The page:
WASHINGTON — Already scrambling to steady a struggling campaign, Republican Mitt Romney confronted a new headache Monday after a video surfaced showing him telling wealthy donors that almost half of all Americans "believe they are victims" entitled to extensive government support. He added that as a candidate for the White House, "my job is not to worry about those people."
At a news conference late Monday, Romney conceded the comments weren't "elegantly stated" and that they were spoken "off the cuff."
President Barack Obama's campaign quickly seized on the video, obtained by the magazine Mother Jones and made public on a day that Romney's campaign conceded it needed a change in campaign strategy in the presidential race.
"There are 47 percent of the people who will vote for the president no matter what," Romney says in the video posted online. "There are 47 percent who are with him, who are dependent upon government, who believe that they are victims, who believe that government has a responsibility to care for them, who believe that they are entitled to health care, to food, to housing, to you name it."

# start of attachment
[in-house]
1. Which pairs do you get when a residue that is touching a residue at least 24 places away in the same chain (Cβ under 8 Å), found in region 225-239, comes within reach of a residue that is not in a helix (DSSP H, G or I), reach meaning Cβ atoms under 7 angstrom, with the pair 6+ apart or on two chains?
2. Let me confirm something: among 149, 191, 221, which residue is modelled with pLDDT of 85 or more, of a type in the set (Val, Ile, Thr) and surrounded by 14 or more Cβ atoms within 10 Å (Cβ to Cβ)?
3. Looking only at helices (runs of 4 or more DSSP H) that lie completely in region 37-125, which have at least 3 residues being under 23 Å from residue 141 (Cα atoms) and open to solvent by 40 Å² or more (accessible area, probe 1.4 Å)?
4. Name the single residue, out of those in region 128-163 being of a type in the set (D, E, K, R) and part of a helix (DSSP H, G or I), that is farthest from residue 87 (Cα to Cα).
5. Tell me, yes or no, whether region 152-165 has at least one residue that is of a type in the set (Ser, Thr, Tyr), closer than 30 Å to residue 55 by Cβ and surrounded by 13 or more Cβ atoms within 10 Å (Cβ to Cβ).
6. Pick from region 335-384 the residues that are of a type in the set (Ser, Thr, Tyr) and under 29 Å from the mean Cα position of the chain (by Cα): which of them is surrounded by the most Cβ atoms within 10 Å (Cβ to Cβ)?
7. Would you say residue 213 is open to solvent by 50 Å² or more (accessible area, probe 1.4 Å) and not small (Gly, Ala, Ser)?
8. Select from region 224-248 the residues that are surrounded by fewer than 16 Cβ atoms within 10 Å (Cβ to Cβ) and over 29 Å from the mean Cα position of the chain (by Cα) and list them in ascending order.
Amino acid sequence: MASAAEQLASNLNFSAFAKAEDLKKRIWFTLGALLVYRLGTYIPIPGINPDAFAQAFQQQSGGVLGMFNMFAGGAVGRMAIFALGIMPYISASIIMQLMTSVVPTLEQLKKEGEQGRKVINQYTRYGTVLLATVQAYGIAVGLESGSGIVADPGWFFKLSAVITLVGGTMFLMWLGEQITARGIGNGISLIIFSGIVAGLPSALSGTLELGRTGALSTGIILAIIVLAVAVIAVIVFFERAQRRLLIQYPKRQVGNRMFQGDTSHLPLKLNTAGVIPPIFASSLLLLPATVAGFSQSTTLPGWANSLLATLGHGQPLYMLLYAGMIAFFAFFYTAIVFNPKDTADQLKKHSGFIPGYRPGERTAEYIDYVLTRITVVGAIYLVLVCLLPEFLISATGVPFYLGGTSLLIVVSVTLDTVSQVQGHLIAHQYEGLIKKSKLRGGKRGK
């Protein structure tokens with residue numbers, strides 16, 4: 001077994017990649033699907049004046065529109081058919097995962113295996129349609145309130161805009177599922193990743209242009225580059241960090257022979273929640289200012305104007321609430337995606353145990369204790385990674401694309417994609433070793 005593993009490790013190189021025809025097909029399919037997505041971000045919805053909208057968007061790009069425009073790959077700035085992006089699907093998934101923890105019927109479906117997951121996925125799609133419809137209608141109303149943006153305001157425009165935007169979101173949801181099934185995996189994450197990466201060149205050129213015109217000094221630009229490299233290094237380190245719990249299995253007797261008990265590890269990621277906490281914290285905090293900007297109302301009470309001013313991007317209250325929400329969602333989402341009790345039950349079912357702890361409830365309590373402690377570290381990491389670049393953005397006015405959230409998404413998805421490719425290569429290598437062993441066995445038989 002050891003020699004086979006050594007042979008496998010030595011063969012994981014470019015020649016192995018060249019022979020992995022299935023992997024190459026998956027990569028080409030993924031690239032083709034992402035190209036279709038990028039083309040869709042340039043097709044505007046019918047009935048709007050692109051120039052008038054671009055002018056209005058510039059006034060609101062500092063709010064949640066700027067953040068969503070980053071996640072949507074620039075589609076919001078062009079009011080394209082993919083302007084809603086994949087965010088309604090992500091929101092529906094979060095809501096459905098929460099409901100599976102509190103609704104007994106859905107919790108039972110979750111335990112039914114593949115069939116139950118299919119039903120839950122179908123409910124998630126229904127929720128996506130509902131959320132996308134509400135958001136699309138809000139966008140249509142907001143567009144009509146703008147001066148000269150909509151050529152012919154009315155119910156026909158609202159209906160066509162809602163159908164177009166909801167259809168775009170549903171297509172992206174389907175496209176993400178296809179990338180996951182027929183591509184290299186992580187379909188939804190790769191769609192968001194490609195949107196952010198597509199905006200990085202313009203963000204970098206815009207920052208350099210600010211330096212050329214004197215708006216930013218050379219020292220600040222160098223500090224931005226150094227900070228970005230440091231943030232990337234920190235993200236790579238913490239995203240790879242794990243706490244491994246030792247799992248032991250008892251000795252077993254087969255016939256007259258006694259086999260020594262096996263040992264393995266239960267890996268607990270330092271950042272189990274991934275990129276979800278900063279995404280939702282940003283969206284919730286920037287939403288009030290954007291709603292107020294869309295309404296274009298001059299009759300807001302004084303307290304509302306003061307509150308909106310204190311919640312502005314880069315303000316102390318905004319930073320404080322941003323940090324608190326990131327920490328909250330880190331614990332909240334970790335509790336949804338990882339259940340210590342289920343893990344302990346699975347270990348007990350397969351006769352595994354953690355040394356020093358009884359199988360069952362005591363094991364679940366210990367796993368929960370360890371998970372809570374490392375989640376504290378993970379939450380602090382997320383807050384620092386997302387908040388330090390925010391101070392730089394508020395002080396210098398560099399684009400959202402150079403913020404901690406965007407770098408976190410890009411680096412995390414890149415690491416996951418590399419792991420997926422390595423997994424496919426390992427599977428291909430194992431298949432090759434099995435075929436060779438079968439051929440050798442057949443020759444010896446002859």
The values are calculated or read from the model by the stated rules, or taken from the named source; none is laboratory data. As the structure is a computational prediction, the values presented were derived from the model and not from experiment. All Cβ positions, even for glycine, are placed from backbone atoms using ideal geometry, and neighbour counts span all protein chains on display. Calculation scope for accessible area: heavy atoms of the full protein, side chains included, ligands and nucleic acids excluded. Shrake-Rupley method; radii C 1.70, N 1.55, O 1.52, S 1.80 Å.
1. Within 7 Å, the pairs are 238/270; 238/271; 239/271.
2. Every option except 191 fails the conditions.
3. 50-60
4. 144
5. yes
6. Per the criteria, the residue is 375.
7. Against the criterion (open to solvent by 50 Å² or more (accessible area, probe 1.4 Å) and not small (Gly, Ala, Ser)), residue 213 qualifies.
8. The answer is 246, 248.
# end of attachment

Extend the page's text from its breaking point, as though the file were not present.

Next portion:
"Forty-seven percent of Americans pay no income tax," Romney said.
Romney said his role "is not to worry about those people. I'll never convince them they should take personal responsibility and care for their lives."
The author of the Mother Jones story said the fundraiser where the video was shot took place May 17 in Boca Raton at the home of Marc Leder, a private equity manager, the Washington Post reported.
Romney's campaign did not dispute the authenticity of the video, instead releasing a statement seeking to clarify his remarks. "Mitt Romney wants to help all Americans struggling in the Obama economy," spokeswoman Gail Gitcho said. "He is concerned about the growing number of people who are dependent on the federal government."
About 46 percent of Americans owed no federal income tax in 2011, although many of them paid other forms of taxes.
Obama's campaign called the video "shocking"
"It's hard to serve as president for all Americans when you've disdainfully written off half the nation," Obama campaign manager Jim Messina said in a statement.